12 months on and nothing has materialised. It is undoubtedly Brayshaw’s biggest disappointment, both personally and publicly. A global financial crisis is a pretty good excuse, but Brayshaw has stoically refused to concede, stating that it is simply an ‘imperative’. Rumours in August said that there was still one definate and one probably backer up for the task, but things have drastically worsened since then. How Brayshaw tackles this issue has the potential to define North’s off-field success for years to come.

North vs Melbourne, MCG, 12 April

Brayshaw declared that the attendence at this match would define the Club. An impassioned plea was made for all fans to turn up. Anything less than 25,000 was a failure.

On a perfect Autumn afternoon, less than 20,000 rocked up to the ‘G for one of the most dour white-washings of the season. It was a low-point for North’s otherwise astonishing off-field season. While there were many culpable absentees that day, there was only one who felt the full wrath of the football media – James Brayshaw. He was calling another match at Docklands for Triple M.

Defending himself to the end, Brayshaw pointed out that when he took on the role he made it clear he would be fulfilling his broadcasting commitments and would not be able to attend all home matches. But as a media man, he should know all too well that internal understandings mean nothing and perception is everything. No matter which way you look at it, the symbolism of Brayshaw’s absence was disappointing. How he handles similar conflicts next season will be telling.

Arden St

Since the late 1990s, the rebuilding of Arden St’s embarrassing facilities has been talked about at. 2008 saw the plans finally accepted and the funding delivered. About bloody time!

The Return of the People’s Club

Another Brayshaw promise was to rid the Club of the convoluted shareholder/member structure. It seemed a difficult sell, but no less imperative; the AFL had made that much clear.

But Brayshaw delivered, due in no small part to the vision of the Club he and Arocca sold to the shareholders. It was a truly Extraordinary General Meeting which saw the people once more gain full control of the Club they loved.


It is difficult to appraise Brayshaw’s year as anything other than a resounding success. While the milestone achievements of membership, sponsorship, the Arden St development and a return to a membership-owned club are enough in themselves, the Brayshaw style has been an undoubted asset. Clear communication is something of a novelty to the impassioned North Melbourne member, and Brayshaw has made a point of changing it. Even putting aside his advantageous media positions, the difference has been marked.

Rarely has there been a better time to support North Melbourne. This is due in no small part to Brayshaw’s contribution over the past 12 months. May his reign continue on such a successful path.



Filed under Off Field

3 responses to “2008 Report Card: James Brayshaw

  1. Watching the ‘Keep North South’ campaign reminds me a lotof the battle to get South Sydney back into the National Rugby League (after the NRL booted them out after attempts to get them to merge with other clubs). They had massive public protests, lots of high profile support (Andrew Denton, Russell Crowe, Peter Holmes-a-Court among many others) and lots of legal battles.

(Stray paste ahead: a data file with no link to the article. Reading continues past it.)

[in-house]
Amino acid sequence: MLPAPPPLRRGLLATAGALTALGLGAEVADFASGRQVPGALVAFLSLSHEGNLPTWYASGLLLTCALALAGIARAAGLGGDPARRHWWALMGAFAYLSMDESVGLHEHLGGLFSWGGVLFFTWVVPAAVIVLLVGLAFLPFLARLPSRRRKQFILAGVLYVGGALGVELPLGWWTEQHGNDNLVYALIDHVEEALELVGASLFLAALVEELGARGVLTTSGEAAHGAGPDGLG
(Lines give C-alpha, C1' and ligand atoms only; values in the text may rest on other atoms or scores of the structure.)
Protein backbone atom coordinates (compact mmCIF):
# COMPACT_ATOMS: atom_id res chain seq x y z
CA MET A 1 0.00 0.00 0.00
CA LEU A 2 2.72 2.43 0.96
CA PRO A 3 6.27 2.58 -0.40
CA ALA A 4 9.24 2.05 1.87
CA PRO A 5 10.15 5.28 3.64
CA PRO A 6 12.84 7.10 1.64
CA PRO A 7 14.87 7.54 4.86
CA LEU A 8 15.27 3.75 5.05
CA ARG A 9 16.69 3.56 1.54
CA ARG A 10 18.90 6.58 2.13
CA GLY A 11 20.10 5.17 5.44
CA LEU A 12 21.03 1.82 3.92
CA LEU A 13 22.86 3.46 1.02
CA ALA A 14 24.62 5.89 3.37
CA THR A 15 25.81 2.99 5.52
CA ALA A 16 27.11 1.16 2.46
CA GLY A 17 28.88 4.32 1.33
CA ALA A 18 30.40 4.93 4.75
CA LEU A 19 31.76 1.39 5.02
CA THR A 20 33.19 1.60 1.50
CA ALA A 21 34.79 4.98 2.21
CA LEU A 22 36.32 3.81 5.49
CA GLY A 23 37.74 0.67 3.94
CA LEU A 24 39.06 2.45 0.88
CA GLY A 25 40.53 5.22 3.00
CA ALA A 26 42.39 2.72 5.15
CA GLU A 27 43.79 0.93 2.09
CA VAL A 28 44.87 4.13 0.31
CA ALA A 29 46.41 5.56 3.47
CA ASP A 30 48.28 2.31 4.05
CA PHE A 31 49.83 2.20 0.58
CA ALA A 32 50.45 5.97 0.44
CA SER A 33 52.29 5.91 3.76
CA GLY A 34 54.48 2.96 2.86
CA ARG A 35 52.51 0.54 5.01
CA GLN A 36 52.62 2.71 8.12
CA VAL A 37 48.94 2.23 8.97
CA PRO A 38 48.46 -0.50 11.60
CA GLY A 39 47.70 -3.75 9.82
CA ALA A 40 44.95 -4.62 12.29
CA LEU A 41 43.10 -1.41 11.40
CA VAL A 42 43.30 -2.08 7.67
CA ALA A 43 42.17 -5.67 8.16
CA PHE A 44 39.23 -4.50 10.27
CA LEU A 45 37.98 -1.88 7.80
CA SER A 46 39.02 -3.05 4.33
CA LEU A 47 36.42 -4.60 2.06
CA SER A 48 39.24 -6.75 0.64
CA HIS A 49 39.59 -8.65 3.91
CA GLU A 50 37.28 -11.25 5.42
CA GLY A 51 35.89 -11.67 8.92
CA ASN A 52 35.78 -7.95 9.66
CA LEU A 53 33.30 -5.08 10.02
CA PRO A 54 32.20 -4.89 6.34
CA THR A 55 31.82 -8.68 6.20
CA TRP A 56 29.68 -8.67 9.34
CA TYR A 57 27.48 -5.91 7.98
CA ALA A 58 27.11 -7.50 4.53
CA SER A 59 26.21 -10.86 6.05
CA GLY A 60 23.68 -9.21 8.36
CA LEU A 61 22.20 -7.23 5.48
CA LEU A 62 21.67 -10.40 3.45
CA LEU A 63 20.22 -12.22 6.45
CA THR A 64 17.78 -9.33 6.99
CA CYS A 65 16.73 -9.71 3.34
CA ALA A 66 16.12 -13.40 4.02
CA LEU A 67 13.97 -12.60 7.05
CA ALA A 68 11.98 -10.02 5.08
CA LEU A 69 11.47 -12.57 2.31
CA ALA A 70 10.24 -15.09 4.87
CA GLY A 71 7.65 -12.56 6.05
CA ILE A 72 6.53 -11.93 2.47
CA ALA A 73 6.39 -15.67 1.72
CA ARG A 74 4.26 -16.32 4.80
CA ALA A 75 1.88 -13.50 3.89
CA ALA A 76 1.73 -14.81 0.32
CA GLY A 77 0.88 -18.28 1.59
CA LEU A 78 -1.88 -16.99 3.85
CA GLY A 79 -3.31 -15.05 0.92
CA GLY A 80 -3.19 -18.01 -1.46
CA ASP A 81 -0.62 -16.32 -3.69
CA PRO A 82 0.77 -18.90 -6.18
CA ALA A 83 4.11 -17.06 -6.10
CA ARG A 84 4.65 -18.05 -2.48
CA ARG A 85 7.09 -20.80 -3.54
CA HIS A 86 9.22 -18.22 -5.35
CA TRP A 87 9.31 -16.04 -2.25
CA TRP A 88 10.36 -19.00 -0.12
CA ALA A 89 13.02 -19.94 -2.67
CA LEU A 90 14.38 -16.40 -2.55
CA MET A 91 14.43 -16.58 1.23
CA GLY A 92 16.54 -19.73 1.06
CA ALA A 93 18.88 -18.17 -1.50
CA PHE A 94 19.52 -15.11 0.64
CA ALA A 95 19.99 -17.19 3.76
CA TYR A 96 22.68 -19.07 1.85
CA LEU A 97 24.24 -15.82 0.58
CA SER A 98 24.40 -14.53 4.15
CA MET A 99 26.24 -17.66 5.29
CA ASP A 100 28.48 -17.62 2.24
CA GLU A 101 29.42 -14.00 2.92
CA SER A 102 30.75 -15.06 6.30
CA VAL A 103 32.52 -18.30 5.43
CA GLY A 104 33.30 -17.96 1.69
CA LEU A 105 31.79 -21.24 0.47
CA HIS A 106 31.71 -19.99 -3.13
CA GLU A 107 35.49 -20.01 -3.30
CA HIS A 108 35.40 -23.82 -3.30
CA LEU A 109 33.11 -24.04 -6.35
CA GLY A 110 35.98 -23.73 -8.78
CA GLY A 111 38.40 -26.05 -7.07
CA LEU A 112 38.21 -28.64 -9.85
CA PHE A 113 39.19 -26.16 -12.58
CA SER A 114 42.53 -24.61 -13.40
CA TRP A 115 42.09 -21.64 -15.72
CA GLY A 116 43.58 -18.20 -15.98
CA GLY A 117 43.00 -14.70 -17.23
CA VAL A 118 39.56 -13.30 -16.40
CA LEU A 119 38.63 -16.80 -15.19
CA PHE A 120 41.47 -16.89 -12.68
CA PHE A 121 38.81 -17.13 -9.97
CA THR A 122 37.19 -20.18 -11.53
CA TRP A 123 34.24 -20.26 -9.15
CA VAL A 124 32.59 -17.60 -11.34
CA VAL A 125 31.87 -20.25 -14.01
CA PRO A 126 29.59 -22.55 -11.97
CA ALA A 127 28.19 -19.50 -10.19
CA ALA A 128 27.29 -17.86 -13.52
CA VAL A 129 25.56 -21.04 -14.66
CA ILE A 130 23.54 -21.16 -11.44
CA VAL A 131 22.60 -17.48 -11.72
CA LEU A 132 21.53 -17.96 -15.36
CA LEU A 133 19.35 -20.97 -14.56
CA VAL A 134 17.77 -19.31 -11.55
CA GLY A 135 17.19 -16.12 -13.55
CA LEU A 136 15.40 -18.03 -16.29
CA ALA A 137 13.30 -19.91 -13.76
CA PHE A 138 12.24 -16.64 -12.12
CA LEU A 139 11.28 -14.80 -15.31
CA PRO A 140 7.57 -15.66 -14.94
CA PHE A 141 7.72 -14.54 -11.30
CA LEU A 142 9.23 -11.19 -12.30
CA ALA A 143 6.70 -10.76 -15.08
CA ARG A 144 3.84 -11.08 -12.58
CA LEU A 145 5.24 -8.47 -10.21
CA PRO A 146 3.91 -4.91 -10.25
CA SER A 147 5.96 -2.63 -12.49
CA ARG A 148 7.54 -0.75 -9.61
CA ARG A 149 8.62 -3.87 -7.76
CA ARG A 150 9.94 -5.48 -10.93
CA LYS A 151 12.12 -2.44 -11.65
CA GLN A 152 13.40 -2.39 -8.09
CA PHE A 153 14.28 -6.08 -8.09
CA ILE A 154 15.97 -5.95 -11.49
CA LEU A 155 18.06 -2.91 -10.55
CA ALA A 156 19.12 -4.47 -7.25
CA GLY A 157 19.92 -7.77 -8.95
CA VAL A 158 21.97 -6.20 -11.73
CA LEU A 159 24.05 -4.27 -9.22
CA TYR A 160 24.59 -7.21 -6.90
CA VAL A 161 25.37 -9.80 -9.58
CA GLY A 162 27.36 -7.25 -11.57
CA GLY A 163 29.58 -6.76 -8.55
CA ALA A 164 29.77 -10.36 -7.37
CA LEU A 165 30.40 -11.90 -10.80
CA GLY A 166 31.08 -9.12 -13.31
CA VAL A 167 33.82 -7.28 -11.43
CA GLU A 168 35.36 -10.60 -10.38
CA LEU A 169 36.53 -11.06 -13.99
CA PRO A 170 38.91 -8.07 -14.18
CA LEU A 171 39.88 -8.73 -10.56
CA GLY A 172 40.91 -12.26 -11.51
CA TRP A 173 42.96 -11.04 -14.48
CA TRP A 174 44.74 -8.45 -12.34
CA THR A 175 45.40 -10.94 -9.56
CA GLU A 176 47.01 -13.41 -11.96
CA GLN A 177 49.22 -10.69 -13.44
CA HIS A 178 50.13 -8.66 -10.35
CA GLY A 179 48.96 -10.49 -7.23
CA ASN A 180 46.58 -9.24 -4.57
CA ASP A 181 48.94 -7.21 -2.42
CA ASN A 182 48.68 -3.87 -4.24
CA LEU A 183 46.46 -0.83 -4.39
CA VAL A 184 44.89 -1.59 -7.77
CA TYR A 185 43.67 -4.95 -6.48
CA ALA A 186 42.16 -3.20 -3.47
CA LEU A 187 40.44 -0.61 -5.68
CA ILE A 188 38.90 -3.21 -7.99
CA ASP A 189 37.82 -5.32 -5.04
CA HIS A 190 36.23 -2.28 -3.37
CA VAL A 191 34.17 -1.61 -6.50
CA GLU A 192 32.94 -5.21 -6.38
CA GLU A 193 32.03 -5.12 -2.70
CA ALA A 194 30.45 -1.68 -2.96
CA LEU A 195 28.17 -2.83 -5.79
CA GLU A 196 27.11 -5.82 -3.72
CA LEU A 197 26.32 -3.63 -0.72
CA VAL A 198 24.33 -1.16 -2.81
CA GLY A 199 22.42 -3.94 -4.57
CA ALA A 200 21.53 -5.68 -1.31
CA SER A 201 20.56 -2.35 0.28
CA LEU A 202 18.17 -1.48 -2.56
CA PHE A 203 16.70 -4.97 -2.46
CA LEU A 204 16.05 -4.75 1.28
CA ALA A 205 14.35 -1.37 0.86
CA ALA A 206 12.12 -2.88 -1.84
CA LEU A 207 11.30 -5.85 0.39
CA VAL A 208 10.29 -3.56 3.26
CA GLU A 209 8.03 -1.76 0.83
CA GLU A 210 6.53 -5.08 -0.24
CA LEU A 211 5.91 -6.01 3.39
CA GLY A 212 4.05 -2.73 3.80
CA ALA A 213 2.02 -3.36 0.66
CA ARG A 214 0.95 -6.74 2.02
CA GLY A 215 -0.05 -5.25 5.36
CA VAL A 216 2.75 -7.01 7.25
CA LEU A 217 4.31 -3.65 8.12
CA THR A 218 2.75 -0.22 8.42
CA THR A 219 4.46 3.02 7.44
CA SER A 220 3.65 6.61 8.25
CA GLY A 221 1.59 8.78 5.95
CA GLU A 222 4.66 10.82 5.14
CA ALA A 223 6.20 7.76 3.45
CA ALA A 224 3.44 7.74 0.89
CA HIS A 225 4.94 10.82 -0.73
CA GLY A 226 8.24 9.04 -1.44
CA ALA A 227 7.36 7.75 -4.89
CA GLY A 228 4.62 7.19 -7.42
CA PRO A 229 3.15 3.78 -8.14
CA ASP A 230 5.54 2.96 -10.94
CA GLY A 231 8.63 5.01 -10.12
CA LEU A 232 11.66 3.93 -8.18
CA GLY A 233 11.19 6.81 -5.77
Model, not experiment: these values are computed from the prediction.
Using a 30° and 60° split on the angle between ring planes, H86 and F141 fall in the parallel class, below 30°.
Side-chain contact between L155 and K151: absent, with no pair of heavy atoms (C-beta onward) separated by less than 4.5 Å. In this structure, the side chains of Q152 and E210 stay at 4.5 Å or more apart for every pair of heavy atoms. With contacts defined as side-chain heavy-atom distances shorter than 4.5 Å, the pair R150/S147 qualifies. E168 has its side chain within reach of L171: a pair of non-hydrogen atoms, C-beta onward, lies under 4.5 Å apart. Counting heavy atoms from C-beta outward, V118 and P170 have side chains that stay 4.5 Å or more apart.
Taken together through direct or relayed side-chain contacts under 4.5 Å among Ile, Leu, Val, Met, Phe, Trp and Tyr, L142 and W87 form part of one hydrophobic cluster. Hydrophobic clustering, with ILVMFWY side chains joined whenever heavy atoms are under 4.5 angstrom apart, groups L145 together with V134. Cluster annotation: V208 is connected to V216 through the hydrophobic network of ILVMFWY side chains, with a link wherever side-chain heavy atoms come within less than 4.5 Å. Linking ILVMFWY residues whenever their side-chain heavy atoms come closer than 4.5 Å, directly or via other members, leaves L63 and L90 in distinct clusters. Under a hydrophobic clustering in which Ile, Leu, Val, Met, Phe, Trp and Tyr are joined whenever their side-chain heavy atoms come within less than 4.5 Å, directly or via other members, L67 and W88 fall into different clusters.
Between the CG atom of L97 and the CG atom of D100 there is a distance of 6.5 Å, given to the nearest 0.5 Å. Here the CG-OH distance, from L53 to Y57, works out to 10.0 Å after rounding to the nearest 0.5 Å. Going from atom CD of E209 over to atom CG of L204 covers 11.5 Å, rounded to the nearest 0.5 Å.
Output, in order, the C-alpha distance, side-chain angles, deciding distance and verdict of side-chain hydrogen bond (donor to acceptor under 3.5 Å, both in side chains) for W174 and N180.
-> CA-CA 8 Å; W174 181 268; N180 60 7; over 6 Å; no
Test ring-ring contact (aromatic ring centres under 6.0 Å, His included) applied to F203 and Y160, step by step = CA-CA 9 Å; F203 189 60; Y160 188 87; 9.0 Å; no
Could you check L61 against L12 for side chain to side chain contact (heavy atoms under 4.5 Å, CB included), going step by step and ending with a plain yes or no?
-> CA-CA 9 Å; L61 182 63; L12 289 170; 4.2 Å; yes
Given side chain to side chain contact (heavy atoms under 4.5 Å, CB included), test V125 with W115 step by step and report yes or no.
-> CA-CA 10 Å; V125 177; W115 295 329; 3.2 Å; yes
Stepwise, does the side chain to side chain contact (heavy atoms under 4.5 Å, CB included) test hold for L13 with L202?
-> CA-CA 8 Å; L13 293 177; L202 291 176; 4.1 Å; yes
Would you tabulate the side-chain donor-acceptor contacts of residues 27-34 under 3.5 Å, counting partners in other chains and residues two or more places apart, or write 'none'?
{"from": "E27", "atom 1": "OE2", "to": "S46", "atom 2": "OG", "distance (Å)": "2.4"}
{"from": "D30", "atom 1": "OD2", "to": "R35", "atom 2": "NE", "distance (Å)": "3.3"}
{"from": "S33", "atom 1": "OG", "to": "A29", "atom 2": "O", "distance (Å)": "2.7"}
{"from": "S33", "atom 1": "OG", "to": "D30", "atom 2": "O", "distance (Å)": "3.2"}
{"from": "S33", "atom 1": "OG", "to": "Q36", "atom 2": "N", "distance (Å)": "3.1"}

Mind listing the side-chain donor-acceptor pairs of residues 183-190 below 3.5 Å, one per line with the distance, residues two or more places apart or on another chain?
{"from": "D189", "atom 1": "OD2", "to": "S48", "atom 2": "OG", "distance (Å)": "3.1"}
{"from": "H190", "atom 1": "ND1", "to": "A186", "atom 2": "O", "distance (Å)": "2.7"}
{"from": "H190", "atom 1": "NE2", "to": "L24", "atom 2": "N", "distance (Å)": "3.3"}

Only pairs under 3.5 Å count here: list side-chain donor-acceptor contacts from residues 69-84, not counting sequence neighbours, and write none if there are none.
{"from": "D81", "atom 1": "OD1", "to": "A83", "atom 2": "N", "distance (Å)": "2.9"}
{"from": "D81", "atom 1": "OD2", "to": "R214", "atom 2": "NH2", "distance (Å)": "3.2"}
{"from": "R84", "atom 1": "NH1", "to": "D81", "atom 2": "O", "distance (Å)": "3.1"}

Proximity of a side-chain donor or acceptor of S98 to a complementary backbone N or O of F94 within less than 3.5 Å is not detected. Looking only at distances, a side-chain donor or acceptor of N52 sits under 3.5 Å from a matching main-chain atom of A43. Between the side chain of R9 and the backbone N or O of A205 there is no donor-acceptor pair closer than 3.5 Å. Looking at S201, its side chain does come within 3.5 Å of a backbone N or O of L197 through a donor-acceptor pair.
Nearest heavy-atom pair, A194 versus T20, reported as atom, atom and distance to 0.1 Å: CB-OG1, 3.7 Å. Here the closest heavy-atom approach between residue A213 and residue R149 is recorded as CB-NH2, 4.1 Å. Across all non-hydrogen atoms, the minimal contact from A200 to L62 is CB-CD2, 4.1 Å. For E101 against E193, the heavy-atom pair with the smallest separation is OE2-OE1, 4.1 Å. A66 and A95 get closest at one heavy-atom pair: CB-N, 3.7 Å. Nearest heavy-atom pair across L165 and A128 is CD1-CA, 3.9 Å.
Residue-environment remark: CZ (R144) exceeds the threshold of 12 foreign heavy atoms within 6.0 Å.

They finally won, were reinstated and are back to the same crowd sizes as before they were booted out and are in a “financially challenging situation.” They may have gone to all the hard work of staying alive as club only to die due to lack of funds.

    North supporters have got to get to games and become financial members if North are going to successfully withstand the pressures to move them out of Victoria.

    I hope they succeed.

  2. Richmond’s comment is correct. Modern elite AFL, which North Melbourne have been so successful at (in fact were pioneers of in the 1970’s and 1980’s), can be financially ruthless so North have got to get and maintain a good financial foundation to avoid being swept up by the AFL’s profit seeking winds.

  3. revshinboner

    I agree whole-heartedly with the sentiments of both commenters.

    But with respect to membership and attendance, there is some perspective required for 2009. For the first time in a decade, North will play all eleven home games in Melbourne. This is a double-edged sword.

    With respect to gate receipts, North will effectively take a $1.2 million hit, which was guaranteed through the Gold Coast home games. The stadium deals at both MCG and Docklands are incredibly unfavourable, to almost all tenants, not just North Melbourne (this is the AFL’s justification for Annual Special Distribution grants). Despite North averaging around 30,000 patrons in Melbourne in 2008, their net profit from these games was no more than a couple of hundred-thousand dollars. This means 2009 will be tough in this respect.

    However, North’s revenue per standard membership will increase by a 10-20% margin, due to the increased number of home games. This will effectively insulate North from a proportionate drop in membership, should it happen in 2009. But hopefully North can stay up at around the 30-35,000 member mark, and increase its membership revenue again.

    But really, it doesn’t matter how you look at it, 2009 will be another benchmark year for North Melbourne’s on-going survival as a Melbourne-based club.